(Which—pssst—is a deadly, read "mortal" sin. Got that? Sure? Then say it with me: "deliberately eschewing Mass on Sundays and Holy Days is a mortal sin." Now then, what happens when one dies with the stain of mortal sin on his or her soul? You already know what happens.)

What has this do with the NEM-NEP syndrome?

Well, pretty much everything, or nearly so. If there's only a few folks in the pews, there's only a few bucks in the collection plate. That's the earthly reality. I mean, you don't expect folks who think nothing of dissing their Sunday and Holy Day obligations to—what?—send their contributions via Western Union or PayPal, do you?

And if there's a shortage of priests, then what are you expecting? Father Whosis to come to your bedside when you're sick and anoint you? Or to your deathbed to hear your confession?

Those days are gone, my friend. 'Course, most priests will drive themselves ragged to do just that…but the word "most" means "many" and there aren't many priests. It's that simple. Why is that, do you suppose? My guess?


Which means their children don't either, more than likely. And how does one expect a child to discern a possible vocation when he's deprived of the glorious experience of the Holy Sacrifice of the Mass?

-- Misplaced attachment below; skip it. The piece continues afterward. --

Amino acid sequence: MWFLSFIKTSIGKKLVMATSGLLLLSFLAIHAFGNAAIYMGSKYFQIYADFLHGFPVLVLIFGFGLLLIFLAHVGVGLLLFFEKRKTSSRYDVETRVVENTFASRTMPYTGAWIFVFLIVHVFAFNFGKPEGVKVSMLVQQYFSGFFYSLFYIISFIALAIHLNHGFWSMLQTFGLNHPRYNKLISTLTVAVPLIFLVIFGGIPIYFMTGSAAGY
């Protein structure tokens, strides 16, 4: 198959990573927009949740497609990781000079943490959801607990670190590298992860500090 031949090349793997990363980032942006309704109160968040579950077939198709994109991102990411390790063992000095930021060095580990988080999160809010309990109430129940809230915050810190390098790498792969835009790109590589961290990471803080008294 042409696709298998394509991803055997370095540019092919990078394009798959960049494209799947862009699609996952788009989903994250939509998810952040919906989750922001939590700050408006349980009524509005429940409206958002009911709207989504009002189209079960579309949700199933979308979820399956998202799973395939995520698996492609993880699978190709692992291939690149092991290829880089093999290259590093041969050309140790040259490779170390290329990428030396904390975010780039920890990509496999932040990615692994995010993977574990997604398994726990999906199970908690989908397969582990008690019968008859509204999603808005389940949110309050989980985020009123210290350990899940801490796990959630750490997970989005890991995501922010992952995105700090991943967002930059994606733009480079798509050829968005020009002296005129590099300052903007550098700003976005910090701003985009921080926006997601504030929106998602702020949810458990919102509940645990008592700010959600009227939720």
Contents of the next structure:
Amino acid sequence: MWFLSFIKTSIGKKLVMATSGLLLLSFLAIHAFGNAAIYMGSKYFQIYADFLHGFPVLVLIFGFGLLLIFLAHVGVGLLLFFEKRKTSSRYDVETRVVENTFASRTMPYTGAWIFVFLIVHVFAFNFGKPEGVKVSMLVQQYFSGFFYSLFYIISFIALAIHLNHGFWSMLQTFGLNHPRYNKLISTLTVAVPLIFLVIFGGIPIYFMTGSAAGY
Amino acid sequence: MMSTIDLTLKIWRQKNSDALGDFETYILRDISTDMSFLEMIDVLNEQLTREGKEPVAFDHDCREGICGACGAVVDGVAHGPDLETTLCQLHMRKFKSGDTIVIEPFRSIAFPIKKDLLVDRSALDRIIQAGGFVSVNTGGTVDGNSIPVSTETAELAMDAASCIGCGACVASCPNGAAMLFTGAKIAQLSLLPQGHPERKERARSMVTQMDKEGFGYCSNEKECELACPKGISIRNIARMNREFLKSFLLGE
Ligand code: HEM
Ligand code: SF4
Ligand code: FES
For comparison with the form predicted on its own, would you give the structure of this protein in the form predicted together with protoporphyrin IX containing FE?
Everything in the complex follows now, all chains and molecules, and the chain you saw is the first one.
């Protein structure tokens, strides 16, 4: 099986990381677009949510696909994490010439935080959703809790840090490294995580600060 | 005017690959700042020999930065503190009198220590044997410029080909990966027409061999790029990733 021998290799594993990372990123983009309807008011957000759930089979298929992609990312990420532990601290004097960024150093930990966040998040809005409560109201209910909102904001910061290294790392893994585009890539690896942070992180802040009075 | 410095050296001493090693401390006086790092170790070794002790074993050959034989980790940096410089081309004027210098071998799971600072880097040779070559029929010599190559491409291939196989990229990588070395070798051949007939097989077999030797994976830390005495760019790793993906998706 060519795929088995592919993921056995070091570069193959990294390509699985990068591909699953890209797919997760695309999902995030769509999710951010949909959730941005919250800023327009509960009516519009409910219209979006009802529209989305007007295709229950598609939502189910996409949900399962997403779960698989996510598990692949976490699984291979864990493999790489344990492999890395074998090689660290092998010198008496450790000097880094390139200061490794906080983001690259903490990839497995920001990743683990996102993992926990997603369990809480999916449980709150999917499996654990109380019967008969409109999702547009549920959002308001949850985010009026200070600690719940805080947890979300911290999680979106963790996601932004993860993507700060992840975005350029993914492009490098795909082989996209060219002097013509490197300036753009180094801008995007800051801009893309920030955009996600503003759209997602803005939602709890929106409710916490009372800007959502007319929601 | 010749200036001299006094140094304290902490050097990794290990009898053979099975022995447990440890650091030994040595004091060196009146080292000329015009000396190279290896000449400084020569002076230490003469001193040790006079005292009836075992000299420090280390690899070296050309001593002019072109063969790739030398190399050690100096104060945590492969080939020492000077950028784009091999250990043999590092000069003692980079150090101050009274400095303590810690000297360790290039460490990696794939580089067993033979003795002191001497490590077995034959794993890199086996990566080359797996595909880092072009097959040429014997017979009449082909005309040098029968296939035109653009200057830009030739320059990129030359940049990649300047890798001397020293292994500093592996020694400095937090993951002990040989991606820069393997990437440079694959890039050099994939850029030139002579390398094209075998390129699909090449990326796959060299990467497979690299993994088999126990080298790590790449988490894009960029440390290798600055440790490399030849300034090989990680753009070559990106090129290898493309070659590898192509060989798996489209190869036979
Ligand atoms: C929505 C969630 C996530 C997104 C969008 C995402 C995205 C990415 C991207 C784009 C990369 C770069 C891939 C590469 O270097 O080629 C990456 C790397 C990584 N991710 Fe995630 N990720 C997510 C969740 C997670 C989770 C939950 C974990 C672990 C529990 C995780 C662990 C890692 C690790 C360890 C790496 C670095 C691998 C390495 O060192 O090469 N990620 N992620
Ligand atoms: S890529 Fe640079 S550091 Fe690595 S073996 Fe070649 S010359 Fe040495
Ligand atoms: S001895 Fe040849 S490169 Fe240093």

Anyway, screw the NEM-NEP syndrome for a moment and reflect on this horrible situation—far more horrible than a lack of finances or manpower:

MOST CATHOLICS DON'T GO TO CHURCH…and, ergo, most Catholics are endangering their souls.

Here's my point:

("Thank goodness, Kelly, it took you long enough!")

My weakness, and I apologize. And I also beg you, while the powers that be at the Archdiocese of Boston and their counterparts throughout the world struggle to manage the earthly affairs of their parishes:

Pray a Catholic back to the Church.

Adopt one, spiritually. At random, or a particular one you've got in mind. Devote your morning and evening prayers to the reconciliation of a fallen Catholic—yep, that's a phrase you can still use—and, even  better, include this reconciliation in your Mass intentions.

And spread the word!